School of Journalism and Mass Communication Relaunches National Association of Black Journalists
The National Association of Black Journalists (NABJ) is back at Kent State University and is quickly gaining new ground.
NABJ Kent is an organization of journalists, students and media professionals that encourages students of color to work in student media. NABJ membership is open to all Kent State School of Journalism and Mass Communication students and majors, and to all Kent State students who are interested in student media. Kent State’s chapter was originally established by the late Kent State journalism professor Evonne Whitmore, Ph.D., but went inactive in 2009.
NABJ is the nation’s largest organization of journalists of color, with more than 3,000 members. NABJ awards nearly $100,000 in scholarships and internships each year to college and high school students nationwide, as well as fellowships for seasoned professionals.
Associate Professor Gene Shelton, NABJ Kent faculty advisor and diversity and globalization coordinator for the School of Journalism and Mass Communication, says that participating in the organization offers an essential learning opportunity for students interested in media careers.
“It’s frustrating to see students major in journalism and mass communication but not take advantage of student media opportunities. Too often, students of color tell me they don’t work for the Stater because they don’t feel welcome,” Shelton says. “These four years should be spent preparing yourself to work in media one day. Why would you wait until you graduate?”
NABJ provides workshops, networking and assistance for students who may have difficulty getting involved.
Alyssa Flynn, a junior journalism major and president of NABJ Kent, says the association opens new doors for students looking to participate.
“NABJ offers opportunities for young journalists of color, and a place to make connections before entering the field,” Flynn says. “I want to create a sense of unity for black journalists on campus and for those who have an interest in the media, no matter who they are. I want students to know about scholarships and internships, specifically for black journalists.”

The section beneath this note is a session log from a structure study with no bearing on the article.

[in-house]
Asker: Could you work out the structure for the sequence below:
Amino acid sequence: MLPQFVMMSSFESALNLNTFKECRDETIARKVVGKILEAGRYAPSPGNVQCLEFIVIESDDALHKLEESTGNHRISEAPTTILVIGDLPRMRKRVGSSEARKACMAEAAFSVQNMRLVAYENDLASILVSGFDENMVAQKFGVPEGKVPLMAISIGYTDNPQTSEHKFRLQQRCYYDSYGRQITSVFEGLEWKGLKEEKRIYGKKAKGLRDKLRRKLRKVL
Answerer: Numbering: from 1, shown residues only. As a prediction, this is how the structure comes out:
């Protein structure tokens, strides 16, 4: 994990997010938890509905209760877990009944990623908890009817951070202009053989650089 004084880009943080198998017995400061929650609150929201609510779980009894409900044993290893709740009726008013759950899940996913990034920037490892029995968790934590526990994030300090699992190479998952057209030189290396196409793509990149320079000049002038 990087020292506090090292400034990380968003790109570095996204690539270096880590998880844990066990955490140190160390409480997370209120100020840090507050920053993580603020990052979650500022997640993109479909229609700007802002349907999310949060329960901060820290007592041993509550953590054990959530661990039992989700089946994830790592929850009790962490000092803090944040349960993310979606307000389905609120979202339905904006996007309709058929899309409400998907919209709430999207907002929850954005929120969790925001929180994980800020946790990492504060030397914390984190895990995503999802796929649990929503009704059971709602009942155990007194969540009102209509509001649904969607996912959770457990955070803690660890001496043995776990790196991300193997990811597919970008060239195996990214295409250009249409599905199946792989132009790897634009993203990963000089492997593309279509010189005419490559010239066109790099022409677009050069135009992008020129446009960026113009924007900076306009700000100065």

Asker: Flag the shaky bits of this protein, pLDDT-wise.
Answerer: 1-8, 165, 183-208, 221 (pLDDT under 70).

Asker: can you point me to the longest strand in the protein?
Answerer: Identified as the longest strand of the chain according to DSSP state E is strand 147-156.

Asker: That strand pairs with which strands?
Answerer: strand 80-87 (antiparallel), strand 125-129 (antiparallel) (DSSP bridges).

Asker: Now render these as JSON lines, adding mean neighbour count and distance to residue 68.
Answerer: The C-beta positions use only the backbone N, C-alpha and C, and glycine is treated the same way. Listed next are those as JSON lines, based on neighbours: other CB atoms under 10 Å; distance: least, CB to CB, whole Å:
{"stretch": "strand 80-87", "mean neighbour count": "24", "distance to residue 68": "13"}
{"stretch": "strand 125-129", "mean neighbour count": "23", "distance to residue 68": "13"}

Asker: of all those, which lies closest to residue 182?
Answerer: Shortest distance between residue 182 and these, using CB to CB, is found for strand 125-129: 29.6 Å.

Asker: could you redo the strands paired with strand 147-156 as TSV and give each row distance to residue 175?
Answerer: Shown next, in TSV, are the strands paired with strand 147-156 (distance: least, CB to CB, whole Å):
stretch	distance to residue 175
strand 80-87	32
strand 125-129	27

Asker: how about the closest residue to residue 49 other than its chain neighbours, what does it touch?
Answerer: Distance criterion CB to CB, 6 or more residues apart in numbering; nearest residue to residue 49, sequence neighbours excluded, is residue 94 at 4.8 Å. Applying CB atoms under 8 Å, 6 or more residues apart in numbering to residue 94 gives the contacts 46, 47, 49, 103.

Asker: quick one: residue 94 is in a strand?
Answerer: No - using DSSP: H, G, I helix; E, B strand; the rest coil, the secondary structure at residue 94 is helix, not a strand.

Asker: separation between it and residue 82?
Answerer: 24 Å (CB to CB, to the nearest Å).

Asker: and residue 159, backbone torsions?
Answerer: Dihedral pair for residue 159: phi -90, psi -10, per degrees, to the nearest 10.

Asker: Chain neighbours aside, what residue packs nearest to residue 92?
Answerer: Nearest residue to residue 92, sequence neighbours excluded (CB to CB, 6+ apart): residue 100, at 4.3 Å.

Flynn emphasizes that the organization is also about developing relationships across the nation.
“I want them to create connections with other NABJ members, as well,” she says.
NABJ Kent currently has 15 members, and there is potential for expansion.
“We’re off to a great start,” Shelton says. “There’s a lot of support out there for the group.”
Shelton says one reason for the group’s early success is Lori Cantor, the student media manager.
“She’s gone above and beyond to help our organization,” he says.
Cantor helped organize the “Welcome Back, NABJ” relaunch reception at the start of the fall semester to introduce student media to students who want to get involved. Student media hosted its first "Job and Involvement Fair" at Ritchie Hall in November. Representatives from student media organizations spoke with students and accepted job applications for spring 2014.
“A strong NABJ chapter on campus will help to increase minority student involvement in student media, which will benefit both the students and this organization,” Cantor says.
“It’s easy to be indifferent. But diversity isn’t going to happen unless you make it happen,” Shelton says. “You have to want to be a school that is diverse in its student body and staff. A big step in the right direction is that student media leaders are now going out and recruiting a diverse staff.”
For more information about NABJ Kent, contact Cantor at email@example.com.